Egg Donation is a fertility treatment where a young, fertile woman (egg donor) donates some of her eggs to a recipient (intended parent) who is otherwise unable to get pregnant. For women, this may be due to advanced maternal age or infertility. Egg donation is also a way for gay men to build a family using an egg donor and a surrogate. The donated eggs are fertilized with the intended father’s or donor’s sperm and grown through the blastocyst stage to become an embryo. The embryo, either fresh or frozen, is then implanted into the recipient’s uterus to achieve pregnancy.
While using an egg donor and a surrogate is a popular option for gay men to become parents, there are also many reasons why women turn to egg donation to achieve pregnancy. We successfully work with intended parents who:
The combination of young eggs and optimal preparation of both the donor and intended mother or surrogate, makes egg donation a very successful fertility procedure with a live birth rate of 70% per transfer, at selected Pinnacle Fertility clinics
The process of egg donation requires that the components of a single IVF cycle be divided between the donor and the intended mother or surrogate. The donor undergoes the initial steps of IVF, including ovarian stimulation and egg retrieval, and the intended mother undergoes the embryo transfer.
Once the donor’s eggs are mature, they are retrieved using the standard trans-vaginal ultrasound-guided method of follicle aspiration. The sperm is provided by either one of the intended parents, or a donor, and fertilization takes place in the laboratory. Alternatively, frozen sperm can be shipped to one of our clinics, where we then create the embryos by using donor eggs and provided sperm, and freeze them for use at a convenient time.
In the fresh egg donation cycle the donor’s and recipient’s menstrual cycles must have synchronized. We accomplish this by using a combination of birth control pills and Lupron. When the cycle begins, the medications required for a standard IVF cycle are administered to the egg donor, while the intended mother or surrogate takes a combination of estrogen and progesterone to prepare the uterine lining for embryo implantation. However, with recent improvements in eggs and embryo freezing, we are now observing comparable pregnancy rates between fresh and frozen donor egg embryos allowing much greater flexibility in embryo transfer scheduling.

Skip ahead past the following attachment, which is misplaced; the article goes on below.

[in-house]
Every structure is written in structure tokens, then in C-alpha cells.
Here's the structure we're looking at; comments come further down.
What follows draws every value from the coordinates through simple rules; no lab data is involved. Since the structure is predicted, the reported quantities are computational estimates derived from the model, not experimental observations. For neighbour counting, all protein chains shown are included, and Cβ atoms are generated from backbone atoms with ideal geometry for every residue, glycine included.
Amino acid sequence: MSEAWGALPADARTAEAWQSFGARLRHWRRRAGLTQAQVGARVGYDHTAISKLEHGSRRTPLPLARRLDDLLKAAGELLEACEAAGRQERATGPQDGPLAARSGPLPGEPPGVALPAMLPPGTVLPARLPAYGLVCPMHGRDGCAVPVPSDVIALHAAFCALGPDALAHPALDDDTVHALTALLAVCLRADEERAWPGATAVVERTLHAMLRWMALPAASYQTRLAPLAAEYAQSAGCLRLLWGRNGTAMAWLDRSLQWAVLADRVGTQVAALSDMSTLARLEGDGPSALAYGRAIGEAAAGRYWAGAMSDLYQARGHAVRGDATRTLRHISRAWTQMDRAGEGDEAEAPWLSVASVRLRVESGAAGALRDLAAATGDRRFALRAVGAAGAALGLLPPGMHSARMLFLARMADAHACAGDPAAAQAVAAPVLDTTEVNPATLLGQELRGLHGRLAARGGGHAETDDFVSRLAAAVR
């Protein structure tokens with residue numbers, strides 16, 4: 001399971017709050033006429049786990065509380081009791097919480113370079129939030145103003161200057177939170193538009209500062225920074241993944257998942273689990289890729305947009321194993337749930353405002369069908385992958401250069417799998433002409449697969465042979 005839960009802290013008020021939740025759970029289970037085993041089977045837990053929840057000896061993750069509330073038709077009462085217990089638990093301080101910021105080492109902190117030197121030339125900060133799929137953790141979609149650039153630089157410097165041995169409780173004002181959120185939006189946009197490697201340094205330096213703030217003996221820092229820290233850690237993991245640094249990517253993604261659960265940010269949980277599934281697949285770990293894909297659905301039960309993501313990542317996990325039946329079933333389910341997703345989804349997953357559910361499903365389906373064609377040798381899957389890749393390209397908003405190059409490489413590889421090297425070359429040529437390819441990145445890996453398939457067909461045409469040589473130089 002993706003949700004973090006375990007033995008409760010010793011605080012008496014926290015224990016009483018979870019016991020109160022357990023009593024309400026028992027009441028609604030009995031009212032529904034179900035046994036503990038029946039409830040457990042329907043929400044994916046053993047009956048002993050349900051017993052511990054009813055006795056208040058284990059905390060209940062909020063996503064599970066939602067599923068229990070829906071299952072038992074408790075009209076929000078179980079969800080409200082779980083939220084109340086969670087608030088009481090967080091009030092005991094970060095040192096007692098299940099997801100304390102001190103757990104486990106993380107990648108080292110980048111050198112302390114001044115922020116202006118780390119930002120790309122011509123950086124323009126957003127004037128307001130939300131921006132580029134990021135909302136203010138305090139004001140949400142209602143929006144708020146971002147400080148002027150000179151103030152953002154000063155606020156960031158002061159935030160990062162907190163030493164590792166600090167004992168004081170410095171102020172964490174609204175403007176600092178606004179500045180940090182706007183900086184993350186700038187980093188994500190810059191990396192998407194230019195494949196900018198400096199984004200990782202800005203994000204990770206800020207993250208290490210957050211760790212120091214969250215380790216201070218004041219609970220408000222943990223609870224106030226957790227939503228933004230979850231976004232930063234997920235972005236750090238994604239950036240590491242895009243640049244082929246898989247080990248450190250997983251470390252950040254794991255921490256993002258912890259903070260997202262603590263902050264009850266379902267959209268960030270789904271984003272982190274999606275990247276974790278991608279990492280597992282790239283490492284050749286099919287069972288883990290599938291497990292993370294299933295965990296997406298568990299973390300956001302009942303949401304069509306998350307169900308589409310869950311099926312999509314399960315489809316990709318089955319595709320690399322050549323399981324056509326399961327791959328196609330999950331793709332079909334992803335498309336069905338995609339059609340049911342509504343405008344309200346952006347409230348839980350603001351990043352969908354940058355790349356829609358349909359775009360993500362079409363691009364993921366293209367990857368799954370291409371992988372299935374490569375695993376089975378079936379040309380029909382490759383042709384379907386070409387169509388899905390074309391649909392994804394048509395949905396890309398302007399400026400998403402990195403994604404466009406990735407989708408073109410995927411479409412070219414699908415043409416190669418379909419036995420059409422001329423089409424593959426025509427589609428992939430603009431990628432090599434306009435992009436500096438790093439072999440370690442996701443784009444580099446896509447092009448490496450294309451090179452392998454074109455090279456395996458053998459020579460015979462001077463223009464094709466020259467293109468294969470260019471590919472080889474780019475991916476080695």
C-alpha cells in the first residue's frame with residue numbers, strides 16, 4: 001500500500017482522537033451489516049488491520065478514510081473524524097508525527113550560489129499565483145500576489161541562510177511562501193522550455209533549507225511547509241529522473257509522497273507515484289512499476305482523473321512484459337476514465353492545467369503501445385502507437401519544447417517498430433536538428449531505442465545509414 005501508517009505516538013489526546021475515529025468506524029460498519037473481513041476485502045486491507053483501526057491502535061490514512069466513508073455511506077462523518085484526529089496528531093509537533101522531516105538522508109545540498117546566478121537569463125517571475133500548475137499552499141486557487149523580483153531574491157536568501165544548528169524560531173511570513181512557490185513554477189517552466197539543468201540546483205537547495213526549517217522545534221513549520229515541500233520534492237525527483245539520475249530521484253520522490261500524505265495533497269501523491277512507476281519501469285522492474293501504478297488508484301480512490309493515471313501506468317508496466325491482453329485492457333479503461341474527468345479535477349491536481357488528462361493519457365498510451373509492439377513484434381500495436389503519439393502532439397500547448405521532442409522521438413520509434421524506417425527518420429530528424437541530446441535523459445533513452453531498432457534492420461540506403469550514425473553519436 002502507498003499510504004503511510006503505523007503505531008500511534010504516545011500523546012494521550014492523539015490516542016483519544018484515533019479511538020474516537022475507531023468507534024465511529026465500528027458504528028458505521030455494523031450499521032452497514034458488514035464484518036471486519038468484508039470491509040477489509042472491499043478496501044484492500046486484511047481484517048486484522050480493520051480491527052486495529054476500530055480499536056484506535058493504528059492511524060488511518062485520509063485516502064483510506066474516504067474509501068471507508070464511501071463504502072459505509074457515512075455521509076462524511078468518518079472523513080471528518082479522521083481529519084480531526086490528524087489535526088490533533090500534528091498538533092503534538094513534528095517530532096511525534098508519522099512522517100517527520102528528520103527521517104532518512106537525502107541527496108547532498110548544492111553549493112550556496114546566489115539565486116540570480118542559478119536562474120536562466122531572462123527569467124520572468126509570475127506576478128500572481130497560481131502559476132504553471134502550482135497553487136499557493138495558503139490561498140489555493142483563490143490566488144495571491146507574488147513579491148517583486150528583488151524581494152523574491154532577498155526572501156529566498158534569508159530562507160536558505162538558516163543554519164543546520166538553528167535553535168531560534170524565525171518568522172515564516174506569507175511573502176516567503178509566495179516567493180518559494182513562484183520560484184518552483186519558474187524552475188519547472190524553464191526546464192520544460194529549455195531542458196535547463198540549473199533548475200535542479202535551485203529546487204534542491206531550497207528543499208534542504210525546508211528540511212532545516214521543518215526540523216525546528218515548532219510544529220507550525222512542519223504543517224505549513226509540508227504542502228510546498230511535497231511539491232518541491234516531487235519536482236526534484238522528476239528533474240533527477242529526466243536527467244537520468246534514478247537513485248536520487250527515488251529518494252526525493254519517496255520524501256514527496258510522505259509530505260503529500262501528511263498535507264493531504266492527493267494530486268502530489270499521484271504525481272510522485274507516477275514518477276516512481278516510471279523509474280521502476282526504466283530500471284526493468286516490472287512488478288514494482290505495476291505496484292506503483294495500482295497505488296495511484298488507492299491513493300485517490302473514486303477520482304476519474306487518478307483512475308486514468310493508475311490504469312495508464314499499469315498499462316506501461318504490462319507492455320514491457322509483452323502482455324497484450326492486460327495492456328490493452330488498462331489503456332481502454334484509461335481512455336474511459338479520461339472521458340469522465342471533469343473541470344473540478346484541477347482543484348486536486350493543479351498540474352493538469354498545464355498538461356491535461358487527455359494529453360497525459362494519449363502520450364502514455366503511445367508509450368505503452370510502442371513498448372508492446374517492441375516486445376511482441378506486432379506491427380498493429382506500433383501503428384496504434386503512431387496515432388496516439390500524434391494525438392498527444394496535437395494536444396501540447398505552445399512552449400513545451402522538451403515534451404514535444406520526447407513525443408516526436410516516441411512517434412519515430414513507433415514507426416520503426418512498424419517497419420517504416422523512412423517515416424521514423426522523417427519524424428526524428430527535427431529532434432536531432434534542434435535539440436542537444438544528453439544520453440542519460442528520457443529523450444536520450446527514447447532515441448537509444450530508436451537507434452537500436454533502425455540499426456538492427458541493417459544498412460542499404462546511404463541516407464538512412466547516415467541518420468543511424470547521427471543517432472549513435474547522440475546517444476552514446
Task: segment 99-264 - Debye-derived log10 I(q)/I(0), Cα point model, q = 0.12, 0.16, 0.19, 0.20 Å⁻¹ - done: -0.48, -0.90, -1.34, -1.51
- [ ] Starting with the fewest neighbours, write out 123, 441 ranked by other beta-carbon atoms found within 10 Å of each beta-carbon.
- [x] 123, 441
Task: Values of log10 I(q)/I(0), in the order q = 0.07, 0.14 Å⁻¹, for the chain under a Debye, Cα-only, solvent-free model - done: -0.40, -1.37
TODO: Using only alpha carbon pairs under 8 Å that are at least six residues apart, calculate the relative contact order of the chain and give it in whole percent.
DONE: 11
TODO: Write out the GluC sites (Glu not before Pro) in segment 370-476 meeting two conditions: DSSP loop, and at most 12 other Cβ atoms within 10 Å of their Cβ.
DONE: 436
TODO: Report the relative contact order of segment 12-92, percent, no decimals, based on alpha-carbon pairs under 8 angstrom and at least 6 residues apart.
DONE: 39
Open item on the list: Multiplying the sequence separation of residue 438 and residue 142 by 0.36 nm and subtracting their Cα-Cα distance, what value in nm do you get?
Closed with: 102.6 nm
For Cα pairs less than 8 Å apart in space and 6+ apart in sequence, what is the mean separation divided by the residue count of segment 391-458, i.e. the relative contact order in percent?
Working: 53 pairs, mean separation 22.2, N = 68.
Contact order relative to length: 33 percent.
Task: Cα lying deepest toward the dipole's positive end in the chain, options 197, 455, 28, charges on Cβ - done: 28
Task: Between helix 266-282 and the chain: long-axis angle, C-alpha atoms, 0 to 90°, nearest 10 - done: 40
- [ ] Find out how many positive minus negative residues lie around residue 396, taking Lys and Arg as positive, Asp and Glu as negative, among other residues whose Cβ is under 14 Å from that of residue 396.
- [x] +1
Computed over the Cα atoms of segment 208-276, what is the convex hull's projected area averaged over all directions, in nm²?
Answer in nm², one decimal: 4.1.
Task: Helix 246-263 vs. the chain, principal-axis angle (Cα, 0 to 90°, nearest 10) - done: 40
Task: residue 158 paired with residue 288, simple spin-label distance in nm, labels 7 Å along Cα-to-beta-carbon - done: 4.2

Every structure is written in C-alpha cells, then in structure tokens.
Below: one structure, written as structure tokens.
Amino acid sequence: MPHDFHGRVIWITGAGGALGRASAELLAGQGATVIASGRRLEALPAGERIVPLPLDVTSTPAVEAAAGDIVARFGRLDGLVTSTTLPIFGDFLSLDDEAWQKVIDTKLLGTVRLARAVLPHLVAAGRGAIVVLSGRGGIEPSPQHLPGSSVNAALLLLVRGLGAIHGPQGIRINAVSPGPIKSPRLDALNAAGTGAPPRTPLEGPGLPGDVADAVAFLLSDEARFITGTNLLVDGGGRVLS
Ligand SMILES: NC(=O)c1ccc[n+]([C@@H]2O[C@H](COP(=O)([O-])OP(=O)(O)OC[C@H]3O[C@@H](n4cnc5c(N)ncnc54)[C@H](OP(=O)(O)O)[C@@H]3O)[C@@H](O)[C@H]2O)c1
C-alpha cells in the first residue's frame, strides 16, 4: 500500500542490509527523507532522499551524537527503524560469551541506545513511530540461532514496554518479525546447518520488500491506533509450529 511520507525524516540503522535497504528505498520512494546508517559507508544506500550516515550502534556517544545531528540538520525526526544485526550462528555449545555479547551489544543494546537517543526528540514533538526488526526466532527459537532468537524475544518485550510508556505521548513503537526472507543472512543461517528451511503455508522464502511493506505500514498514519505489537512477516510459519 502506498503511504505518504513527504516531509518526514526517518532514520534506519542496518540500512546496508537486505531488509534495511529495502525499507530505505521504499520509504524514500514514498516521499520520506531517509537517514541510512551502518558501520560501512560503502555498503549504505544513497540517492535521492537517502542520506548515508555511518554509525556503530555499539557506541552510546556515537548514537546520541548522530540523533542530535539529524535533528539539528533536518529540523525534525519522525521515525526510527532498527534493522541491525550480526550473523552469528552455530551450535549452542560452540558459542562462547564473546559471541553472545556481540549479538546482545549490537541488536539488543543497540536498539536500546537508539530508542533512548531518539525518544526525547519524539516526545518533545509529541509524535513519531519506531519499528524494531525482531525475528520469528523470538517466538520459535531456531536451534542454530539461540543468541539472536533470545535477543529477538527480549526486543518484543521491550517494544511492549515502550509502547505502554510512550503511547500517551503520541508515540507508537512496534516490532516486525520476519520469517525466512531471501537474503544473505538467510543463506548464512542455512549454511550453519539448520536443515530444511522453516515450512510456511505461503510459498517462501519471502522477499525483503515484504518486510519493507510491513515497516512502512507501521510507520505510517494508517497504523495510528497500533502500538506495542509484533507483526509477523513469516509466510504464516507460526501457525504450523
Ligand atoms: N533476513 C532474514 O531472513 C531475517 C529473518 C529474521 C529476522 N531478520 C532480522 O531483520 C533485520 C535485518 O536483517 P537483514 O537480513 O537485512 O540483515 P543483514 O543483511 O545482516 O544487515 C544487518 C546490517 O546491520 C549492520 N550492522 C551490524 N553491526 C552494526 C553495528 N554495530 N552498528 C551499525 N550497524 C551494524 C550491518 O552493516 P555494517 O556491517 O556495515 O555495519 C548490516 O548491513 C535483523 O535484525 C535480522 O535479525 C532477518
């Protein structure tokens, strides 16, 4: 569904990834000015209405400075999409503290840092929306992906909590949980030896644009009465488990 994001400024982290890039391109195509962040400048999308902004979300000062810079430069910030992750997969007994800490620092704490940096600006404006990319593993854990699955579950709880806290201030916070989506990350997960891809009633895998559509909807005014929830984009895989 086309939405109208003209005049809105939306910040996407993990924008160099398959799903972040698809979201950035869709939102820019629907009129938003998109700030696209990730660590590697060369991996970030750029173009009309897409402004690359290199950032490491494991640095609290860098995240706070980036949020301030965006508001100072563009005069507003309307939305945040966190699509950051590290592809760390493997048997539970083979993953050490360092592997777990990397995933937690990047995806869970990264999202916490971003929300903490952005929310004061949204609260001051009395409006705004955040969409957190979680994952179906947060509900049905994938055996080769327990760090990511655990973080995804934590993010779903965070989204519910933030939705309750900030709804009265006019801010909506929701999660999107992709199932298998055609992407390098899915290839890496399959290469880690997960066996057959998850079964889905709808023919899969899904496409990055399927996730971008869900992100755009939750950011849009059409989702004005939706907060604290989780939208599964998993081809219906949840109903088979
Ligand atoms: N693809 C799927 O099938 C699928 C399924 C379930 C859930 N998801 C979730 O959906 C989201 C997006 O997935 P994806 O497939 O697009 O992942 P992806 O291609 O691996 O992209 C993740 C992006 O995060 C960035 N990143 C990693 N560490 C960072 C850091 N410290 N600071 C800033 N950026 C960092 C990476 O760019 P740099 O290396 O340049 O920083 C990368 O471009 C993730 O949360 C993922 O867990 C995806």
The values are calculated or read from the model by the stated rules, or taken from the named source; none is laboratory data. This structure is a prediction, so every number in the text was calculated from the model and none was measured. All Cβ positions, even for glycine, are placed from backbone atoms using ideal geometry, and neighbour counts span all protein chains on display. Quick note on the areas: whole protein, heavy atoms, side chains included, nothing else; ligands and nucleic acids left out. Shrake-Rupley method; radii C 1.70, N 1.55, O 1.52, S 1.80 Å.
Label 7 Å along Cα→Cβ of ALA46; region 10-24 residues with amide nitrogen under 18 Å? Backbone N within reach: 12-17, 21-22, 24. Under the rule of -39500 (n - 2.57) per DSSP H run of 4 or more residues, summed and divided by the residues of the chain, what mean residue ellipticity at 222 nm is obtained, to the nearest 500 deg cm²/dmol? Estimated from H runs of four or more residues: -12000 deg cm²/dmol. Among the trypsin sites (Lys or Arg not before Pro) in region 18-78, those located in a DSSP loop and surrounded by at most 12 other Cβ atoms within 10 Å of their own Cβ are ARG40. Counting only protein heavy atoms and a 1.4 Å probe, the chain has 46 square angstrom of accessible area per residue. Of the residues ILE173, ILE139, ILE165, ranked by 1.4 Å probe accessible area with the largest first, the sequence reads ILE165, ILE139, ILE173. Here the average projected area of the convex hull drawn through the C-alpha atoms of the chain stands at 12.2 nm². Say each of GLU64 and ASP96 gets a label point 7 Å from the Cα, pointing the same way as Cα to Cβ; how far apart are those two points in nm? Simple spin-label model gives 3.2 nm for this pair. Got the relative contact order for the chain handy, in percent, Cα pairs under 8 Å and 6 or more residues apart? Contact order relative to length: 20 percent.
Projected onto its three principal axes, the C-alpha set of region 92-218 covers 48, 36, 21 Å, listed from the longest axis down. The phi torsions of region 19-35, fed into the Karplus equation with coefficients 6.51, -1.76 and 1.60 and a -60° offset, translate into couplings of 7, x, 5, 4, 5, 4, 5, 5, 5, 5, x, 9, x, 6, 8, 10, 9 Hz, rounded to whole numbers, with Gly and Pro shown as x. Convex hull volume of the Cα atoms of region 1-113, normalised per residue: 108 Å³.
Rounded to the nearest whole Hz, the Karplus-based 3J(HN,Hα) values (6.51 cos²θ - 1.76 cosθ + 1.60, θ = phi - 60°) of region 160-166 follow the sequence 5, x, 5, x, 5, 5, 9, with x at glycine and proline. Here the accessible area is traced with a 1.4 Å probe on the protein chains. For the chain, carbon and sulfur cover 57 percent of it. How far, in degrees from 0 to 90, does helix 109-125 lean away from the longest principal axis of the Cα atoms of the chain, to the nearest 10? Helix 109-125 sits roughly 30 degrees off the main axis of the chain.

Fertility patients and egg donors may have questions around the legal aspects of egg donation. Who owns the eggs? Can a donor try to reclaim embryos created from donated eggs? Can a donor petition the courts for access to a child resulting from an egg donation? Can a donor be legally required to take responsibility for a child that is born as a result of their donated eggs?
The practice of using donor eggs in fertility treatment has been around since the 1980s. Contracts protecting recipients and recognizing them as parents have consistently been upheld in courts. The rules apply to any eggs retrieved, embryos created using these eggs, and babies born from pregnancies that involve donor eggs. While we cannot guarantee that the laws won’t change, we have no reason to believe that the legality of egg donation is under threat.
You can learn more about legal considerations of egg donation in our blog, ‘Do egg donors have parental rights?’.
Egg donation doesn’t affect the egg donors’ ovarian reserve since the retrieved eggs would have been discarded by the donor’s body with the next menstruation.
In fresh egg donation, typically the embryo transfer is scheduled 3 or 5 days after the donor egg retrieval. The intended mother or surrogate continues to take estrogen and progesterone through the end of the first trimester to mimic the hormones produced by the ovary during natural conception. At the end of the first trimester (twelve weeks gestational age, or approximately ten weeks after the embryo transfer), the placenta produces the necessary hormones, and estrogen and progesterone supplementation is no longer required.
Alternatively, the embryo can be frozen and prepared for transfer at a later date.
All parties are represented by attorneys experienced in reproductive law in the United States throughout the egg donation process. These lawyers ensure that the agreements entered into are carefully drafted to comply with both state and federal laws and avoid any confusion or misinterpretation regarding the rights, responsibilities, or intent of all parties.
In the United States, egg donation can be anonymous, and most intended parents and donors choose that and will never meet. The confidentiality will always be upheld by the egg donation agency and medical clinic. In anonymous egg donation, recipients will have access to medical information and photos as necessary to select a donor, but not any personal information that would help them identify or locate the egg donor. The donor will not have any information about the intended parents.
Patients who wish to use donor eggs from someone they know (directed or known egg donation) should seek counsel from an attorney who specializes in reproductive law to avoid potential complications.
We are here to answer any questions or concerns you may have. If you are ready to begin your journey to parenthood through using donor eggs or would like to find out more about donating your eggs, please contact us online or call our egg donation coordinator on 424-385-0100.
You can view profiles of our exceptional and fully screened egg donors, available for fresh and frozen cycles,
online at Pinnacle Egg Bank.
We work with exceptional, fully medically and psychologically screened egg donors to offer highest quality frozen donor eggs.